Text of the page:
days until our Collective Agreement expires, we are preparing, we are united and we will make change.

President’s Message – August 2007

DID YOU KNOW . . . . .  ?

Since Air Canada emerged from CCAA protection in October 2004, we have been systematically dismantled as an airline.   Different parts of what used to be integral to our operations have been sold and “spun off” to reward investors, often with dire consequences for   affected employees. 

The most recent example is the June 22, 2007 sale of 70 per cent of Air Canada Technical Services (ACTS) to private equity investors, led by New York-based Kohlberg Kravis Roberts & Co.   ACTS handles our scheduled heavy aircraft maintenance

Prior to this sale, some 870 IAMAW heavy aircraft maintenance mechanics received permanent and temporary layoff notices when Delta Airlines terminated its 5-year contract with Air Canada three years early, to transfer this maintenance work to a lower cost facility in Hong Kong.  According to the IAMAW, Air Canada didn’t even try to replace this work for our Vancouver heavy aircraft maintenance facility.

Meanwhile, Air Canada had already purchased a majority controlling interest in TACA Aeroman, a heavy aircraft maintenance operation in El Salvador.  A consultant acting on behalf of ACTS is now trying to get Canadian community colleges to provide seed money to fund the establishment of a training facility in El Salvador to steal even more Canadian heavy aircraft maintenance jobs.

Air Canada’s corporate restructuring and outsourcing overseas threatens the future of our IAMAW heavy aircraft maintenance workers.

Who’s next?   Baggage handlers?  Ground Agents?

Why does this even matter?  Should we even be worried about the effects of such corporate re-structuring on us?

Firstly, proper and effective government oversight of such overseas heavy aircraft maintenance facilities has always been difficult.  Our safety onboard our aircraft is now at the mercy of narrow profit motives, trying to take advantage of low wages, and the absence of effective government regulations overseas.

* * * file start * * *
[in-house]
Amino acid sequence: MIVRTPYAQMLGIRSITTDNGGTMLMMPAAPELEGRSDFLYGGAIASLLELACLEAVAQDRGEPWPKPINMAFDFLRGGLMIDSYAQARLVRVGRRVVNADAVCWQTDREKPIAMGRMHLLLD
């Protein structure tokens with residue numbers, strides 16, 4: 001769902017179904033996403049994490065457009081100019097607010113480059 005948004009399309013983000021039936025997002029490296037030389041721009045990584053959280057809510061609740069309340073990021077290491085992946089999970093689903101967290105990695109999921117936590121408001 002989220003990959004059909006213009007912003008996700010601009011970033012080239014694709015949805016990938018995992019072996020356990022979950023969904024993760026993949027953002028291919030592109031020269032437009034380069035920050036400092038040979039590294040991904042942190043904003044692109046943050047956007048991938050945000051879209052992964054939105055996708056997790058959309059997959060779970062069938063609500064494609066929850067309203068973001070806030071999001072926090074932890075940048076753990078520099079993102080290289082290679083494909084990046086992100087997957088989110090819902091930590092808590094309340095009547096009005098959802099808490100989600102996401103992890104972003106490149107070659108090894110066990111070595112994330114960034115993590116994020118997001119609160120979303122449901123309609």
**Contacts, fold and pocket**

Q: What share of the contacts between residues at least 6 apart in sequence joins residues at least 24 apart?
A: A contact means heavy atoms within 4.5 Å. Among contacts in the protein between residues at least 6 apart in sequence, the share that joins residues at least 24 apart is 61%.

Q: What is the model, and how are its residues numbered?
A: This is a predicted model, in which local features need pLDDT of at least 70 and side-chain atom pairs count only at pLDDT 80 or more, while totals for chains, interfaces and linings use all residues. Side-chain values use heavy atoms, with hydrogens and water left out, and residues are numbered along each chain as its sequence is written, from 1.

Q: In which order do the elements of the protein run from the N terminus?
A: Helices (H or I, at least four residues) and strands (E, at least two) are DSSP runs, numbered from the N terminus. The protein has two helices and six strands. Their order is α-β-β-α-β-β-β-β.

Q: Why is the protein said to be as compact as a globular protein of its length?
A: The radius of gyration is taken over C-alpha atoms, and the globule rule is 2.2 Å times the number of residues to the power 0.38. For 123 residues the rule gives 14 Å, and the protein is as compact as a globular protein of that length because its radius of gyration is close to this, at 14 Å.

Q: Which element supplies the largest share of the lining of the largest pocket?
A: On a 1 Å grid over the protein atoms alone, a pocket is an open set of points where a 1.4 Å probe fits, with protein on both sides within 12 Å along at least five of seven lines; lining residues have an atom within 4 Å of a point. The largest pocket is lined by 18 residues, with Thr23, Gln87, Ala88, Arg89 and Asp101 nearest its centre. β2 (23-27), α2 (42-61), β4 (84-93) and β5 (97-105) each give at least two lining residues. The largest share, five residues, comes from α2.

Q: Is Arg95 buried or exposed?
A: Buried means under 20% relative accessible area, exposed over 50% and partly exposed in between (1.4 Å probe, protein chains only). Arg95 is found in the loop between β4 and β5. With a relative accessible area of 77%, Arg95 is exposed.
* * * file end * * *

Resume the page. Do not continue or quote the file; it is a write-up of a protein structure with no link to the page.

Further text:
Air Canada is also becoming more and more of a “virtual” airline, a brand name only, with fewer and fewer of its own direct employees.  More work is being “contracted out” to third parties with resulting lower standards of service and quality.

Finally, despite a corporate decision last October that ACE was well enough to give up to $2 billion in special rewards to investors, Air Canada announced another round of its own corporate belt-tightening.  Nothing seems to be immune from this cost-cutting exercise, including a disturbing lack of corporate priority to address the high level of MEL item deferrals on our aircraft as a result of tight turnaround times and lack of spare parts.

In the face of such corporate belt-tightening, we can never forget why we’re on our aircraft; to protect the safety of our passengers, now merely known as “customers”.  We must always be vigilant in our safety duties and never be discouraged or complacent about following our required procedures.  One of these procedures requires the “writing up” of broken equipment, no matter how many times we’ve already done so or reported it.

It is only through adherence to our established procedures that we can force this airline to devote greater resources and attention to correcting repeatedly deferred MEL items.

In unity,


Lesley Swann

President, Air Canada Component of CUPE